The theme for the 2022 International Women’s Day campaign begins with: “Imagine a gender equal world.”

I love this first sentence, because it is a reminder that our imagination is a necessary ingredient in creating the reality we want to see. Imagination is tricky though, because, for many of us, it is both very much in reach and difficult to access.

I’m curious: Can you remember those moments as a child where, with a particular awareness, you could sense your own imagination fading? The games of make believe became a lot less fun the more in touch we were with reality.

Our path was to grow up, and we believed this included leaving parts of our God-given nature (like creativity, wonder and awe) behind. Even now, the nitty-gritty of the real world continues to get in the way of my God-given imagination.

I want to imagine a gender equal world, but then I am reminded of how many times it was assumed I was married to one of my colleagues. The lack of imagination for a woman pastor who stands on her own has been a reality in my work too often.

I want to imagine a gender equal world, but I’d be rich if I had a penny for every time someone assumed I must be a children’s minister after asking me what I did for a living. “Nope, just a regular old pastor,” I say in reply.

I want to imagine a gender equal world, but the trauma from some of my pastoral experiences continues to act as a barrier, blocking access to my supply of hope.

On top of all of this, in my experience as a brown woman pastor, most people would rather imagine than actually embody.

So, when it comes to a commitment to #BreakTheBias, I get stuck in the discouraging reality that many are not truly willing to put in the work required to shift our individual and collective paradigms.

So, I will admit it. My energy is low, and my imagination is struggling on this International Women’s Day.

But then, (and I said this in a recent sermon) I think about the incredible advice from Jesus, when he told us to simply be like children. And I remember what children have that we adults often lack: energy and imagination!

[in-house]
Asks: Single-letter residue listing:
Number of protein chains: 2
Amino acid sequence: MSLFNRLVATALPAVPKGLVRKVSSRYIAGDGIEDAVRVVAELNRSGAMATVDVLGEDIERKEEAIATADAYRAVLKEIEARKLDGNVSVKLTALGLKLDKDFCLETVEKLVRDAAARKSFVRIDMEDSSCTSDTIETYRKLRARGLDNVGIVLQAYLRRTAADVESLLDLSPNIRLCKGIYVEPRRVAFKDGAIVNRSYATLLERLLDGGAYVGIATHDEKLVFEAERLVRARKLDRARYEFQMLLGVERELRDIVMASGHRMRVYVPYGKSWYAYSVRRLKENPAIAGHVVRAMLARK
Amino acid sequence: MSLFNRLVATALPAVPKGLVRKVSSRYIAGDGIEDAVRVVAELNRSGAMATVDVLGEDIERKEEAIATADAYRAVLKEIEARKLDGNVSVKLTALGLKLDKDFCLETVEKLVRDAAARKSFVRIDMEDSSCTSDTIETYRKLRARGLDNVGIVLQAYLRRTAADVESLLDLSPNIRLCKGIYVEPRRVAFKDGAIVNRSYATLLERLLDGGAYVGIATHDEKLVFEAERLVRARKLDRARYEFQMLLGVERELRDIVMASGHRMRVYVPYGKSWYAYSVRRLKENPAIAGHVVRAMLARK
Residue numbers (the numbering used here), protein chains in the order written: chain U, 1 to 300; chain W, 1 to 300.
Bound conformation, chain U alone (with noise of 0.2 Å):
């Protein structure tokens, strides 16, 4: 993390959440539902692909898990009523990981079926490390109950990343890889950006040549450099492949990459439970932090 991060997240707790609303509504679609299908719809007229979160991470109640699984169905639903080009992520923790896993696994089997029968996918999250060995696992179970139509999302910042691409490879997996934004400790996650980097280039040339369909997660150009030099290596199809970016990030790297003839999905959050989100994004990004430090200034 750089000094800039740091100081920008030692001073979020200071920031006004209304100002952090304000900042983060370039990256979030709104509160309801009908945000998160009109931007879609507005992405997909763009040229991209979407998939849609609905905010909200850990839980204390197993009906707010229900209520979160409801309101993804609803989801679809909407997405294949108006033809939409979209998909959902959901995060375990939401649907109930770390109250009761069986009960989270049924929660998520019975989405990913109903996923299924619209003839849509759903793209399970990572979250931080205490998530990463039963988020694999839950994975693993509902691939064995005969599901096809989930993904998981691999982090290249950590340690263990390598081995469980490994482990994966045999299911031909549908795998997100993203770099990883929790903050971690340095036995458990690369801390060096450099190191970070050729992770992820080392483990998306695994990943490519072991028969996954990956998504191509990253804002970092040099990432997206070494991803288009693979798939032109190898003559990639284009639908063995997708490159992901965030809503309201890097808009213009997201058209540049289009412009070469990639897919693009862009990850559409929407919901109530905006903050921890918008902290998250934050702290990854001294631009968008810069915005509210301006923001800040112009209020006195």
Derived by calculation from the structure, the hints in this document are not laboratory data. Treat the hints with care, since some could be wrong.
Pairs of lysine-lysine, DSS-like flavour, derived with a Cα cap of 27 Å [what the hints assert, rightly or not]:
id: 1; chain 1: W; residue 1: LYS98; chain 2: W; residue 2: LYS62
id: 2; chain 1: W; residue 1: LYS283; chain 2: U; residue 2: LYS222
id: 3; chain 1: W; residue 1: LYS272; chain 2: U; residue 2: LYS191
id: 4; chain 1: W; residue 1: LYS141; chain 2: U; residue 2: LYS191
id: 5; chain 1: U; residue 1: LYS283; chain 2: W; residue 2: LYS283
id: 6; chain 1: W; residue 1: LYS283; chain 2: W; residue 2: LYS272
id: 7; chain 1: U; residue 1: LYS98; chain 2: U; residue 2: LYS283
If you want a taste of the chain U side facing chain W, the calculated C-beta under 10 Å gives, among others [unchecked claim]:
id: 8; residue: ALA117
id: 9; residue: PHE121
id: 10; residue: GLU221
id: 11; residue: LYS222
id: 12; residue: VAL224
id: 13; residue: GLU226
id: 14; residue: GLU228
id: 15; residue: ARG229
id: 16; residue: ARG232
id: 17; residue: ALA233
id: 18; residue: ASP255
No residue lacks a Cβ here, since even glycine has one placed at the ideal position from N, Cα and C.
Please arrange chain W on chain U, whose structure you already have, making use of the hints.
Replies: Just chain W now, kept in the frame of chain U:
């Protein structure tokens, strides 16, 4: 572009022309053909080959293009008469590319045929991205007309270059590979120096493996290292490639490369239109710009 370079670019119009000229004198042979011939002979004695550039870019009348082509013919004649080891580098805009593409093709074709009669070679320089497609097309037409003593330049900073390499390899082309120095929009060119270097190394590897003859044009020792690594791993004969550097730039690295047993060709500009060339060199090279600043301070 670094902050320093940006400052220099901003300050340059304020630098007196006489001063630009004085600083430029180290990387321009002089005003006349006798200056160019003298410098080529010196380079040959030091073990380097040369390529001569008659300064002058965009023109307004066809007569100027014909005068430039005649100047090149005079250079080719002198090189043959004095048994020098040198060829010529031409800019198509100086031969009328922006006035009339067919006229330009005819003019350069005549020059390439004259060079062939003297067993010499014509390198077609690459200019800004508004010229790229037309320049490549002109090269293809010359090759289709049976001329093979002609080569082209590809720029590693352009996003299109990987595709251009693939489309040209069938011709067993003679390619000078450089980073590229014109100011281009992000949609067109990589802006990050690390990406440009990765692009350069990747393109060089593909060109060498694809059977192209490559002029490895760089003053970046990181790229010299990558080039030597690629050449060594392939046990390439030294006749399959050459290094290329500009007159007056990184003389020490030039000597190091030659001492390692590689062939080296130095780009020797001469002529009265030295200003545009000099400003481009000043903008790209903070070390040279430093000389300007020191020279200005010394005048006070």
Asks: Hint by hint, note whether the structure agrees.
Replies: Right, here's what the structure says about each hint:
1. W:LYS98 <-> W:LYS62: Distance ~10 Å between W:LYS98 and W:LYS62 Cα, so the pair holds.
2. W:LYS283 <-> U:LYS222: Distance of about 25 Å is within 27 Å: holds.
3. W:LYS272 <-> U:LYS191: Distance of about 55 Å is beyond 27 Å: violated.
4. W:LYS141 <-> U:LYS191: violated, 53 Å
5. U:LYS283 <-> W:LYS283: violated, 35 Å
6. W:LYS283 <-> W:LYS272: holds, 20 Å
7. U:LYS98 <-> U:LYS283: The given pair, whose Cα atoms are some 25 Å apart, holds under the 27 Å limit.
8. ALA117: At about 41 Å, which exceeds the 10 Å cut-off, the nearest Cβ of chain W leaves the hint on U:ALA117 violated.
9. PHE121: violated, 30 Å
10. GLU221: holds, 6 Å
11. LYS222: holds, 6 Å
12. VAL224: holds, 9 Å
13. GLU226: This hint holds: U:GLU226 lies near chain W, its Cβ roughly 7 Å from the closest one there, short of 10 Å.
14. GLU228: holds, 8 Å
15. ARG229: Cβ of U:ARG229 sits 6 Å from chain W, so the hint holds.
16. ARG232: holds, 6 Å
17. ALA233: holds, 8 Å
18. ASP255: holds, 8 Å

My friends, this just might be it. Our imagination and the energy to use it is the medicine we need in these times.

What’s more, our ability to heal, to hope and to dream up a better world is not possible without it. Imagination can sustain our vision for justice, and it will breathe new life (resurrection!) into our liberation work.

And so, I think about my six-year-old daughter, who very recently announced: “I’m going to write a poem, and you and Fran (my sister-in-law, who is also a pastor) are going to read it, because you are the preachers, and the poem is about God!”

Her imagination is fueled by the realities we have given her.

And when I look back, I see a cloud of witnesses – no, a cloud of women who went before me. Trailblazing, advocating, using their wild and beautiful imaginations to fuel what I once couldn’t believe was possible.

Suddenly, I am energized to continue doing the same for my daughter.

When we lack the hope to envision a better world, let’s look back at the ones who paved the way before us with gratitude. And let’s look ahead to our children, who so naturally take the Christ-posture to heart.

May we not give up on the work of embodying realities that may not exist but could – with the help of a little imagination.

Editor’s note: This article is part of a series for International Women’s Day (March 8). The other articles published to date are:

Admitting Implicit Biases Is the First Step to ‘Break the Bias’ | Maddie Grimes

Why We Must Become Aware of Internalized Sexism | Sara G. Tariq

Why Do Human Views of Women Differ from the Divine? | Sahar Alsahlani

Adding Women’s Voices Today to a Timeless Story | Rachel Ain

Say Her Name – Remembering Women Outside the History Books | Chris Smith

Why I Didn’t Celebrate International Women’s Day Growing Up | Lina Toth

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